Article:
The Sunday Times article("Health risk warning over high doses of
vitamin pills" Sunday Times, London, May 4th 2003)and Daily Mail article("How too many vitamins can damage your health", Daily Mail, May 5th 2003) are deeply misleading. A simialr article also appeared in the New York Times.

A consumer of innovative supplements and supporter of the Alliance for Natural Health made the following response to the Sunday Times:

The Editor, The Sunday Times, 1 Pennington Street, Wapping, London E1 9XW,
United Kingdom


Jonathan Leake¹s article entitled "Health risk warning over high doses of vitamin pills" (Sunday Times, London, May 4th 2003)demonstrates a truly startling ignorance of the facts.

Far from poisoning themselves, the consistency of evidence in the scientific literature clearly shows that individuals who consume nutritional supplements have a lower risk of contracting serious disease, a position which has now been taken by two of the world's two leading medical journals.

The Journal of the American Medical Association (JAMA), for example, recently reversed its long-standing anti-vitamin policy by stating that "it appears prudent for all adults to take vitamin supplements" (JAMA. Vitamins for Chronic Disease Prevention in Adults. 2002;287:3127-3129). Similarly,
the April 9, 1998 issue of the New England Journal of Medicine featured an article entitled "Eat Right and Take a Multivitamin" that was based on a succession of positive studies showing the disease-prevention benefits resulting from the consumption of nutritional supplements.

The truth is that nutritional supplements are both safe and effective, and there are now countless thousands of published research studies to prove this. A study published in the American Journal of Clinical Nutrition in August 1996, for example, showed that over a nine-year period, people who consumed higher dose vitamin C and E supplements reduced their mortalityrisk by 42%. Similarly, a 1992 UCLA study (Epidemiology (1992; 3:3, pp. 194-202)) reported that men who took supplemental vitamin C lived 6 years longer than those who merely consumed the recommended daily allowance of 60 mg a day. This study, which assessed more than 11,0000 participants over a 10-year time period, showed that supplemental vitamin C intake extended average life span and reduced mortality from cardiovascular disease by 42%.

The UK Food Standards Agency¹s claim that supplements are useless in wardingoff illness or improving health is demonstrably untrue. An article published in the December 25, 1996 issue of the Journal of the American Medical Association (JAMA) showed that 200 mcg of supplemental selenium a day reduced overall cancer mortality by 50% in humans compared to a placebo group not receiving supplemental selenium. Likewise, data from the Nurses' Health Study conducted at the Harvard Medical School showed that long-term supplementation with folic acid reduces the risk of colon cancer in women by 75%. (Annals of Internal Medicine (1998; 129:517-524)). The authors of this study expressly stated that folic acid obtained from supplements had a stronger protective effect against colon cancer than folic acid consumed in the diet.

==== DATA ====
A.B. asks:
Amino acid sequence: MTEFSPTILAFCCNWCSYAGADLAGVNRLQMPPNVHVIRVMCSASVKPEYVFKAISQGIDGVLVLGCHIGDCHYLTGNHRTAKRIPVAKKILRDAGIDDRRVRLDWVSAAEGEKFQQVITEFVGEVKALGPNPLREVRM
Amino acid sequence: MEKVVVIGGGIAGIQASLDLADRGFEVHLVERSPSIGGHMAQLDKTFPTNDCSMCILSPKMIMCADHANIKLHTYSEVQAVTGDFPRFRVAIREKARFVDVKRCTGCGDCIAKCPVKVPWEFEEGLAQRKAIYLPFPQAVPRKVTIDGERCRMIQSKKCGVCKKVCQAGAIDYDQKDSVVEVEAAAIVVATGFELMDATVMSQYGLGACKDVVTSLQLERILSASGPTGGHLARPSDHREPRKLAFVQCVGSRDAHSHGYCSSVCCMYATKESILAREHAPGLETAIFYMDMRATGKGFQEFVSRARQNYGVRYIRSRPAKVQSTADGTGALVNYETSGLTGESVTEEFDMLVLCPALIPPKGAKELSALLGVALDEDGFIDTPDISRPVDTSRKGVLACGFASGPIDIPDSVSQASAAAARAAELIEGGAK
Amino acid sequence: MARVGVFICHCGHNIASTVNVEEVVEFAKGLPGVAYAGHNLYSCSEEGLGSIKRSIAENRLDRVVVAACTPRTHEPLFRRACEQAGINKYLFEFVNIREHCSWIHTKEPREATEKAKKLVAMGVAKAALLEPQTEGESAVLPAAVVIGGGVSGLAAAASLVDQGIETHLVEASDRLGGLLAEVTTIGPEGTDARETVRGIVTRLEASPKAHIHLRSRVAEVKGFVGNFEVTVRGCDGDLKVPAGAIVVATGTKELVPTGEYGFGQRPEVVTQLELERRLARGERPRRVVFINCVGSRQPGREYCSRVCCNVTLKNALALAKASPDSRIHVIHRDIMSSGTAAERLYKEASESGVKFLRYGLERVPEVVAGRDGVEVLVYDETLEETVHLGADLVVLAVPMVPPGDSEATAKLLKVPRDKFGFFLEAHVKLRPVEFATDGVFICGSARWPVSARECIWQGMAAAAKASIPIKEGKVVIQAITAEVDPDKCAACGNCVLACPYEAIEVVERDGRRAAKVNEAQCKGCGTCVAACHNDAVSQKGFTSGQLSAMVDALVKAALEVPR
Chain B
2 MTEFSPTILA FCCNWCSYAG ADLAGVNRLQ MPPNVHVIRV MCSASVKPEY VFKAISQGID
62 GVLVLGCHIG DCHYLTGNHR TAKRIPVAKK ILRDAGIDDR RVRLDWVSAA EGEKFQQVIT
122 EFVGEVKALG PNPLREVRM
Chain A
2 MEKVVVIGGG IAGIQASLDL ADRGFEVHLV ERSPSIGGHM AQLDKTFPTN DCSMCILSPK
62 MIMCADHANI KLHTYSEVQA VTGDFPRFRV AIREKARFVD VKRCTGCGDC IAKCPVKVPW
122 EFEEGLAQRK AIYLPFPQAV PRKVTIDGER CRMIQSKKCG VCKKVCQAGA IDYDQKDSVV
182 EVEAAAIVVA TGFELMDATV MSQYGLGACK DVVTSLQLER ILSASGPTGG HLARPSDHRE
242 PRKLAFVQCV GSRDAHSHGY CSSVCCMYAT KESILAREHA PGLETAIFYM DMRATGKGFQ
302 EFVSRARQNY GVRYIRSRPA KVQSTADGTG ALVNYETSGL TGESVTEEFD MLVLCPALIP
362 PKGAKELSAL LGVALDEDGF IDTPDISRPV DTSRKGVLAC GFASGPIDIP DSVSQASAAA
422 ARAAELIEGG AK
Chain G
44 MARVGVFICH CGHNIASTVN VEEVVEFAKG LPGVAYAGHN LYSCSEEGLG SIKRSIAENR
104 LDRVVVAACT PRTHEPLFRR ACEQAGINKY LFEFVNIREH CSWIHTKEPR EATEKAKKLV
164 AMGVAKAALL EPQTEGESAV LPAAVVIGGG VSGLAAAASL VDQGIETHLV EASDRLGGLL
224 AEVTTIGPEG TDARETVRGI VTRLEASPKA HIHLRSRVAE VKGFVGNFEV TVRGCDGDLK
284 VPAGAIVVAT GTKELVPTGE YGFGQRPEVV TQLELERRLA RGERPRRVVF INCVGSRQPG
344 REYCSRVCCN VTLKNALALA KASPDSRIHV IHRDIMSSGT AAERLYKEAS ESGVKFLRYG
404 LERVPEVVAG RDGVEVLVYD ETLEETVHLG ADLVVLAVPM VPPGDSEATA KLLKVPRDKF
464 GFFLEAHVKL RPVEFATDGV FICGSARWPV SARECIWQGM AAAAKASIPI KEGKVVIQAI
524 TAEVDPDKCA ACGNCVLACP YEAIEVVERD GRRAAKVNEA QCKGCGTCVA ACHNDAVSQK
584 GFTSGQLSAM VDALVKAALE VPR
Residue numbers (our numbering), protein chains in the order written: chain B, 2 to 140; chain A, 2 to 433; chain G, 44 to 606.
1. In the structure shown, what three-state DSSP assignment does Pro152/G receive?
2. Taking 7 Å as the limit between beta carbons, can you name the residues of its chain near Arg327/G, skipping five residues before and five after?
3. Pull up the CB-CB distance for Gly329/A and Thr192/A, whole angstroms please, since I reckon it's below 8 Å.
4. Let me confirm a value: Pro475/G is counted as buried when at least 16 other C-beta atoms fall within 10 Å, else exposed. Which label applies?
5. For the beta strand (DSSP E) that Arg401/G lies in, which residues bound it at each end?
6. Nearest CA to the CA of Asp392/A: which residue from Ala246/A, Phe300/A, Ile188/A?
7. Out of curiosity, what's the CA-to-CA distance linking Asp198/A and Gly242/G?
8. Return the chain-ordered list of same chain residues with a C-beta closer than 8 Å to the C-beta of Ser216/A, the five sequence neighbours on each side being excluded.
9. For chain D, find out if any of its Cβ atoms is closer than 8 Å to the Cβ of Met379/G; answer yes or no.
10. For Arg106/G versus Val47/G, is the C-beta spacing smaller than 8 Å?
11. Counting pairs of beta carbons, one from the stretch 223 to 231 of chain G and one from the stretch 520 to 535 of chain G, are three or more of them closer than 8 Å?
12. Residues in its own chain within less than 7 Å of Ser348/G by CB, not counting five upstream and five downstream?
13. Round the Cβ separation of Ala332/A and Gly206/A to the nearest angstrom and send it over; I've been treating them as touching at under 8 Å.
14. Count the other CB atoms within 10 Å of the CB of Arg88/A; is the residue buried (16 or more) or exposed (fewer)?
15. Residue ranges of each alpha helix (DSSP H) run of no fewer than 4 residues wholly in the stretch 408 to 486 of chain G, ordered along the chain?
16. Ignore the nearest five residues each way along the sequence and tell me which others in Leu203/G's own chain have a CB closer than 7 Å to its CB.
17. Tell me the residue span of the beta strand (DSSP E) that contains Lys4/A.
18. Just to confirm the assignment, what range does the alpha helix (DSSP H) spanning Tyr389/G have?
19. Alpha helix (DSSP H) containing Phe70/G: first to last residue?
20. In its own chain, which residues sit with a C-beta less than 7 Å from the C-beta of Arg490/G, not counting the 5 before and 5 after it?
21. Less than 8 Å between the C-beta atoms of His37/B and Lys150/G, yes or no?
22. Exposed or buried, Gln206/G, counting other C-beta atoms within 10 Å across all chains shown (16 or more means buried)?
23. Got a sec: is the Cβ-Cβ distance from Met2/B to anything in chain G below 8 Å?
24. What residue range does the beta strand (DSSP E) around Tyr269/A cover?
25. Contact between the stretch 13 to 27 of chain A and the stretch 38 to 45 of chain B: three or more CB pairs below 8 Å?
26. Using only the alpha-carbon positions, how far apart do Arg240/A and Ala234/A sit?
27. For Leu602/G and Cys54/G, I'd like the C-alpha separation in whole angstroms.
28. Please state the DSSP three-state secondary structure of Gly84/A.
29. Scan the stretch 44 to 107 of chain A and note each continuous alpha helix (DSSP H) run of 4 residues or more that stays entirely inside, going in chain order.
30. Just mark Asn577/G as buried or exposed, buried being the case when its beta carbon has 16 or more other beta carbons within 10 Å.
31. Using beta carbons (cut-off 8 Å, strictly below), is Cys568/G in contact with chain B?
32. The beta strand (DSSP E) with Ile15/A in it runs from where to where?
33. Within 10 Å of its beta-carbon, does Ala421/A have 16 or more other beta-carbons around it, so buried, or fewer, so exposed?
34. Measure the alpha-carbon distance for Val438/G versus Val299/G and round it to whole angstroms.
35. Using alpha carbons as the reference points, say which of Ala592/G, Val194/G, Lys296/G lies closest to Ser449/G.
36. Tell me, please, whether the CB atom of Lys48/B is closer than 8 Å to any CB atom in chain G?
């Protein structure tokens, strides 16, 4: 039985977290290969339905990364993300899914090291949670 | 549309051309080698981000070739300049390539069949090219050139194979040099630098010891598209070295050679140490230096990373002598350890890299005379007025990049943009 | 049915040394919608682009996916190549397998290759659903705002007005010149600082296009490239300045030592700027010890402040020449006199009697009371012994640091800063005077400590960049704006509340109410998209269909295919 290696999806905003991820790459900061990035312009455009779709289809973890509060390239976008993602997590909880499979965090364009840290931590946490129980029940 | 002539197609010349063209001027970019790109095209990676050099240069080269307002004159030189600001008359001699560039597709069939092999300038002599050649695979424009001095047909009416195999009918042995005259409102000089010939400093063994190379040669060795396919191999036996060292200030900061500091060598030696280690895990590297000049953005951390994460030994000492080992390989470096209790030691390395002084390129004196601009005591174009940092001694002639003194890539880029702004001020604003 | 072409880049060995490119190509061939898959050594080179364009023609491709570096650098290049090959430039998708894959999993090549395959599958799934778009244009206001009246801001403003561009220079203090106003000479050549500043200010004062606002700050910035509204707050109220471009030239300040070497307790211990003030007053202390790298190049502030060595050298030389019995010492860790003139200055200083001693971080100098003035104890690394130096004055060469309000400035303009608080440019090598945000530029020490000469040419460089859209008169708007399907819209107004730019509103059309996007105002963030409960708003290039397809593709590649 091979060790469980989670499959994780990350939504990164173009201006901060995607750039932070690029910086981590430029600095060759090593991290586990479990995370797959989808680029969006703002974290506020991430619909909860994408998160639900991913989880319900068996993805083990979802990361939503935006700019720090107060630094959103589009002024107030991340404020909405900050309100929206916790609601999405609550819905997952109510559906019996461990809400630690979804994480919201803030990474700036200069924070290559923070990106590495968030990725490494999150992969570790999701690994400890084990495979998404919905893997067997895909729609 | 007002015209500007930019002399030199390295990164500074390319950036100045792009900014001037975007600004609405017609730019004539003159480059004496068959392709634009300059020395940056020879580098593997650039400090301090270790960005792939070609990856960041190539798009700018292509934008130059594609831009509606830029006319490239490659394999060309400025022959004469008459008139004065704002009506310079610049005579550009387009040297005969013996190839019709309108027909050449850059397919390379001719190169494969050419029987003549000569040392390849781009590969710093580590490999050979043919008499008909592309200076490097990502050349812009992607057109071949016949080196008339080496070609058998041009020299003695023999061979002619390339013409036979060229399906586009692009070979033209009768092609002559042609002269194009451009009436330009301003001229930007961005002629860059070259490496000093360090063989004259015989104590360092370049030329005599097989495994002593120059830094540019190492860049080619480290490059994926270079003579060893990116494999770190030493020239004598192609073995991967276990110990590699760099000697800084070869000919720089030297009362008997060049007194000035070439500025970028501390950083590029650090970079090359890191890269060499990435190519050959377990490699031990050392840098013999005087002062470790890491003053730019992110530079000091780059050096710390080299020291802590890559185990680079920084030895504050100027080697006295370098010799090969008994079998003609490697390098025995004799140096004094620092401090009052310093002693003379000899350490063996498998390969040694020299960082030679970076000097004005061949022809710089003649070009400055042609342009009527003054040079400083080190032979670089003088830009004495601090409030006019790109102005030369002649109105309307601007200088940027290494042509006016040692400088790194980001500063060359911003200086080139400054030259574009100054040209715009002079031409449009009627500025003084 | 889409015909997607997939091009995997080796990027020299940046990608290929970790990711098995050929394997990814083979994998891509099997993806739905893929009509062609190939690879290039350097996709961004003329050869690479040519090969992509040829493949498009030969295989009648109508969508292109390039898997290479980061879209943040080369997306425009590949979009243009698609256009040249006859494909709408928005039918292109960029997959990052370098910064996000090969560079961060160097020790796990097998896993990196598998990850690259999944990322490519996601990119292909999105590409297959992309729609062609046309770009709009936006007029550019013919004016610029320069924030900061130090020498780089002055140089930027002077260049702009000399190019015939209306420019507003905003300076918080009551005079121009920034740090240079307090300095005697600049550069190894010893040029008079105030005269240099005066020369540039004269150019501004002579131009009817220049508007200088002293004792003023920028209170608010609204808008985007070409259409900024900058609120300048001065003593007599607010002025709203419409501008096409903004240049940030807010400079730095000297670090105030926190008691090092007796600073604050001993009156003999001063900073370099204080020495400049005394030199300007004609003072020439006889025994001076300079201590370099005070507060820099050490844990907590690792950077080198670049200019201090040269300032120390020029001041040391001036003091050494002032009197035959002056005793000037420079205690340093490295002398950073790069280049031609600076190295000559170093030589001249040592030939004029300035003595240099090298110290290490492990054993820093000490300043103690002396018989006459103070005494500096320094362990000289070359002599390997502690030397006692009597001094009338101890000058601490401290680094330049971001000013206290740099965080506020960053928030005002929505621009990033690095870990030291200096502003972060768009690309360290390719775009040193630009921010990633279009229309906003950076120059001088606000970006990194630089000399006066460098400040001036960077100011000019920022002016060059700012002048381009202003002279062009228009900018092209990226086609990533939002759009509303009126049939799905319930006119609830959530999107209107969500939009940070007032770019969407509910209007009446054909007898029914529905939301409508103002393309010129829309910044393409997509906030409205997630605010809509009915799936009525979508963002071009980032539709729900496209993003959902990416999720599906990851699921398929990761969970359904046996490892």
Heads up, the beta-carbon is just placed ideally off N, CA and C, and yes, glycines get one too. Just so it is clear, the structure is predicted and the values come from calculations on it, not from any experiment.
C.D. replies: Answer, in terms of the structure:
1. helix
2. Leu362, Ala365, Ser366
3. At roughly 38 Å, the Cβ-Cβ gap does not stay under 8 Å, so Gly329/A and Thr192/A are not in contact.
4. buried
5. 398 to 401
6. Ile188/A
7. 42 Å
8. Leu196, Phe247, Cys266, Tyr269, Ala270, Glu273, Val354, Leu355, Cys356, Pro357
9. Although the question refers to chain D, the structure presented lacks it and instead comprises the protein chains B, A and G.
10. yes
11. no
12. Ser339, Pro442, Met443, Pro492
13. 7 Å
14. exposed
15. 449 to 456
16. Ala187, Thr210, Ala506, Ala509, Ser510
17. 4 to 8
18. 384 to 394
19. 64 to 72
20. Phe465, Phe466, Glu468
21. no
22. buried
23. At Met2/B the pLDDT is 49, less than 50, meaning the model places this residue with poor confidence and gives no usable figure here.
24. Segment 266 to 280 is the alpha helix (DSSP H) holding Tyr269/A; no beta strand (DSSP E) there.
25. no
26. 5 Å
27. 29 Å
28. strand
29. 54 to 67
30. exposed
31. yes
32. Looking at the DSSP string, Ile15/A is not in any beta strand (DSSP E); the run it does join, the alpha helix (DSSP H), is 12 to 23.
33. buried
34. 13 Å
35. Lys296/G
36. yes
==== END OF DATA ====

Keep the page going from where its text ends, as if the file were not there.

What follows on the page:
Mainstream medicine has historically ridiculed vitamin C supplementation. Nevertheless, research conducted by Dr. Raxit Jariwalla, head of Immunodeficiency Research at the Linus Pauling Institute of Science and Medicine in 1990 showed that vitamin C is more effective in suppressing HIV in infected human cells than the AIDS drug AZT (Proc Natl Acad Sci 1990;87:7245-7249). Jariwalla showed that both vitamin C and AZT can block the infection of new cells, but AZT, unlike vitamin C, has no effect on virus production in cells which are already chronically infected. Vitamin C alone was 99 per cent effective in inactivating the virus. Around 10 grams of vitamin C a day halved virus activity, while twice as much antiviral protection was achieved by combining vitamin C with the amino acid N-acetyl-cysteine. Jariwalla¹s research has now been replicated by many other researchers.

Despite all of the above, Government agencies and the orthodox medical profession continue to preach that dosages above the RDA are both unnecessary and dangerous. Their message, however, is in stark contrast to the facts. The RDA¹s are not, and were never intended to be, a measure of safety. The world renowned pharmacist and clinical nutritionist Ross Pelton RPh, PhD, CCN has described the RDA¹s as the nutritional equivalent of the minimum wage. The RDA¹s are merely the levels of nutrient intake that are necessary to prevent human beings from developing outright nutritional deficiency diseases, such as scurvy, beri-beri, pellagra or rickets, and have nothing at all to do with the promotion of optimum health.

Unfortunately however, due to the huge circulation of the The Sunday Times, the net result of Jonathan Leake¹s article will be the unnecessary and premature deaths of large numbers of people who will perish from illnesses that are now known to be preventable by the proper use of nutritional supplements.

Irresponsible and uninformed journalism of this nature should have no place in a newspaper with the esteemed history of the Sunday Times, and Jonathan Leake¹s grossly ignorant statements plumb new depths of journalistic inaccuracy. His article claims that "people taking vitamin supplements often suffered more diseases than those who went without" and "there is no need for ordinary healthy people to take food supplements", both of which statements are demonstrably false.

I strongly urge you therefore to consider printing a correction, and your readers to investigate the true facts for themselves.

Sincerely and respectfully

Paul Anthony Taylor, UK

(Full address supplied)